# Re: [R] analyze summary data

From: Uwe Ligges <ligges_at_statistik.uni-dortmund.de>
Date: Tue 27 Jun 2006 - 19:38:54 EST

Ben Bolker wrote:
> Thierry Girard <thierry.girard <at> unibas.ch> writes:
>

```>> I do have summary data (mean, standard deviation and sample size n)
>> and want to analyze this data.
>> The summary data is supposed to be from a normal distribution.
>>
>> I need the following calculations on this summary data (no, I do not
>> have the original data):
>>
>> - one sample t-test against a known mu
>> - two sample t-test
>> - analysis of variance between 4 groups.
>>
>> I would appreciate any help available.
>>
>> One possible solution could be to simulate the data using rnorm with
>> the appropriate n, mu and sd, but I don't know if there would be a
>> more accurate solution.
```

>
>
> this is the kind of situation where you need to go back to the basics --
> knowing what computations these statistical tests are _actually
> doing_ -- which you should be able to find in any basic stats book,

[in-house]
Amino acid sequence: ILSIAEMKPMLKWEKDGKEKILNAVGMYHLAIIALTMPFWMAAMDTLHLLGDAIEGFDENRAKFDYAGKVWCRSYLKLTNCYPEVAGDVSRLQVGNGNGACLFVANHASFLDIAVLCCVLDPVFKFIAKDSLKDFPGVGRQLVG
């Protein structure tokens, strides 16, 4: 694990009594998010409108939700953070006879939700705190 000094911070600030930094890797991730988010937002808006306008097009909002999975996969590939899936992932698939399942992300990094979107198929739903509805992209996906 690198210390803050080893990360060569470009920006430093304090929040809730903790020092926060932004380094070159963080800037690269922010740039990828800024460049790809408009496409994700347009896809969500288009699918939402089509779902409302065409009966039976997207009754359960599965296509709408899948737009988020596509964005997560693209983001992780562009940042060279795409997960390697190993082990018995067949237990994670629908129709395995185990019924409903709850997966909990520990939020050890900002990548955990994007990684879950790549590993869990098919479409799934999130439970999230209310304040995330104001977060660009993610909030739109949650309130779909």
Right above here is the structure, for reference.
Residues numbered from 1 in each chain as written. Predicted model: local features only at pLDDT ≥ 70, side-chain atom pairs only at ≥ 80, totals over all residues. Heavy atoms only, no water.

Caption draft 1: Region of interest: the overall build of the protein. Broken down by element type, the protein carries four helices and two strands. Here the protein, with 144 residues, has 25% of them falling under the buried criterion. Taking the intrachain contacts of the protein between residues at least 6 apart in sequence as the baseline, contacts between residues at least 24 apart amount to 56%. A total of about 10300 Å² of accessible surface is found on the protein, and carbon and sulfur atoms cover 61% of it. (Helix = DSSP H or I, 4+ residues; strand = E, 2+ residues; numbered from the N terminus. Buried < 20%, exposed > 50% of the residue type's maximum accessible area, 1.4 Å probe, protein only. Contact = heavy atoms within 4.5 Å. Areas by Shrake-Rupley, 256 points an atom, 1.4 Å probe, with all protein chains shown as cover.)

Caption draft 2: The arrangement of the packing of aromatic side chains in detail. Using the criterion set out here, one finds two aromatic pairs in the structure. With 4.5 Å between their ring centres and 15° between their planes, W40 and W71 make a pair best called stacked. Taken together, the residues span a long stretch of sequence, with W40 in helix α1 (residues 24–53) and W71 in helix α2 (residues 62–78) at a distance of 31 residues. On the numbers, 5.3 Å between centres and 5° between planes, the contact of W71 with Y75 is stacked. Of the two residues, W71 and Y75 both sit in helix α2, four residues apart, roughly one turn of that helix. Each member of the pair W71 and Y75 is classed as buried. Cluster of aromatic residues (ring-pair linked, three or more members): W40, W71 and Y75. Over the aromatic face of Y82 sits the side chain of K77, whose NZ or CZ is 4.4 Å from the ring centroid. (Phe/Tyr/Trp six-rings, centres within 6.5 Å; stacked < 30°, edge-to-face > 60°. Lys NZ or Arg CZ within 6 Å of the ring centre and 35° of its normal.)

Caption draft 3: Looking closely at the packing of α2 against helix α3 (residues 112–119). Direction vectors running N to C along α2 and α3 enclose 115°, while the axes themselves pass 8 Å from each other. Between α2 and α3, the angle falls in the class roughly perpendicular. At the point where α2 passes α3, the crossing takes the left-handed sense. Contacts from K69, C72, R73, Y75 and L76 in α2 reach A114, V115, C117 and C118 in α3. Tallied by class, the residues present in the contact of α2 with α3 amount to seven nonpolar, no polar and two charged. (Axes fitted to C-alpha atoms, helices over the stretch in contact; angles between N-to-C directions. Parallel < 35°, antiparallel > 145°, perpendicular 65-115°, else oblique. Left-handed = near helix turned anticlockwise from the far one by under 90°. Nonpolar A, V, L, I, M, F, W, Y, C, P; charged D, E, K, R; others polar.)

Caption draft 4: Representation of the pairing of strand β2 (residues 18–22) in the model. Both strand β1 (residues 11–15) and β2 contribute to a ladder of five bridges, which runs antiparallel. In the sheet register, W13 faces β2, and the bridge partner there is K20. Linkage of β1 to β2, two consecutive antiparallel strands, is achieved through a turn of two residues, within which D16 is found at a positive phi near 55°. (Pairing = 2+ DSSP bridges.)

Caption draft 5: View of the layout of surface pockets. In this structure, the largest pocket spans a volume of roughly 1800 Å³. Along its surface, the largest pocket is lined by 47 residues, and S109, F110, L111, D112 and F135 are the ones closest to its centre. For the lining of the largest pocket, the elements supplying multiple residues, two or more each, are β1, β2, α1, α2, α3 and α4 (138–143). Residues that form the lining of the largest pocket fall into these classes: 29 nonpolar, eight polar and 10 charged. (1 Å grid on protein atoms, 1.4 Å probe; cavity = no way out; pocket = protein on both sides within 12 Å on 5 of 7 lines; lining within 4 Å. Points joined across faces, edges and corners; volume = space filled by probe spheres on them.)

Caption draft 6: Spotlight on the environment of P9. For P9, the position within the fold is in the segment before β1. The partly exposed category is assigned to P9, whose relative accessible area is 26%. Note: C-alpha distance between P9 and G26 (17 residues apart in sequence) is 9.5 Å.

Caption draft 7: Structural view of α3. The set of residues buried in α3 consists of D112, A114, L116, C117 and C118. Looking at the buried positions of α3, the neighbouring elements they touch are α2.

> or by digging
> into the guts of the R functions. The only other thing you need to
> know is the R functions for cumulative distribution functions, pt
> (for the t distribution) and pf (for the F dist.)
>
> For example:
>
> stats:::t.test.default
>
> has lots of complicated stuff inside but the key lines are
> (for a one sample test)
>
> nx <- length(x)
> df <- nx - 1
> stderr <- sqrt(vx/nx)
> # if you already have the standard deviation then you want
> # sqrt(sd^2/nx)
> tstat <- (mx - mu)/stderr ## mu is the known mean you're testing against
> pval <- 2 * pt(-abs(tstat), df)
>
> (assuming 2-tailed)
>
> you will find similar stuff for the two-sample t-test,
> depending on your particular choices.
>
> The 1-way ANOVA might be harder to dig out of the R code;
> there you're better off going back and (re)learning from
> a basic stats treatment how to
> compute the between-group and (pooled) within-group variances.
>
> Bottom line is that, except for knowing about pt and pf,
> this is really a basic statistics question rather than an
> R question.
>
> good luck
> Ben Bolker
>
> PS: it is too bad, but the increasing sophistication of R is
> making it harder for beginners to explore the guts --- e.g.
> knowing to look for "stats:::t.test.default" in order to find
> the code ...

Thanks for the hint, I already had in mind writing an R Help Desk about "Finding the code" meaning both, R source code as described above as well as C code corresponding to the .Primitive, .C, .Call and friends' entry points.
Maybe for the next R News issue, if nobody is willing to contribute to the Help Desk column (hint, hint!!!).

Uwe Ligges

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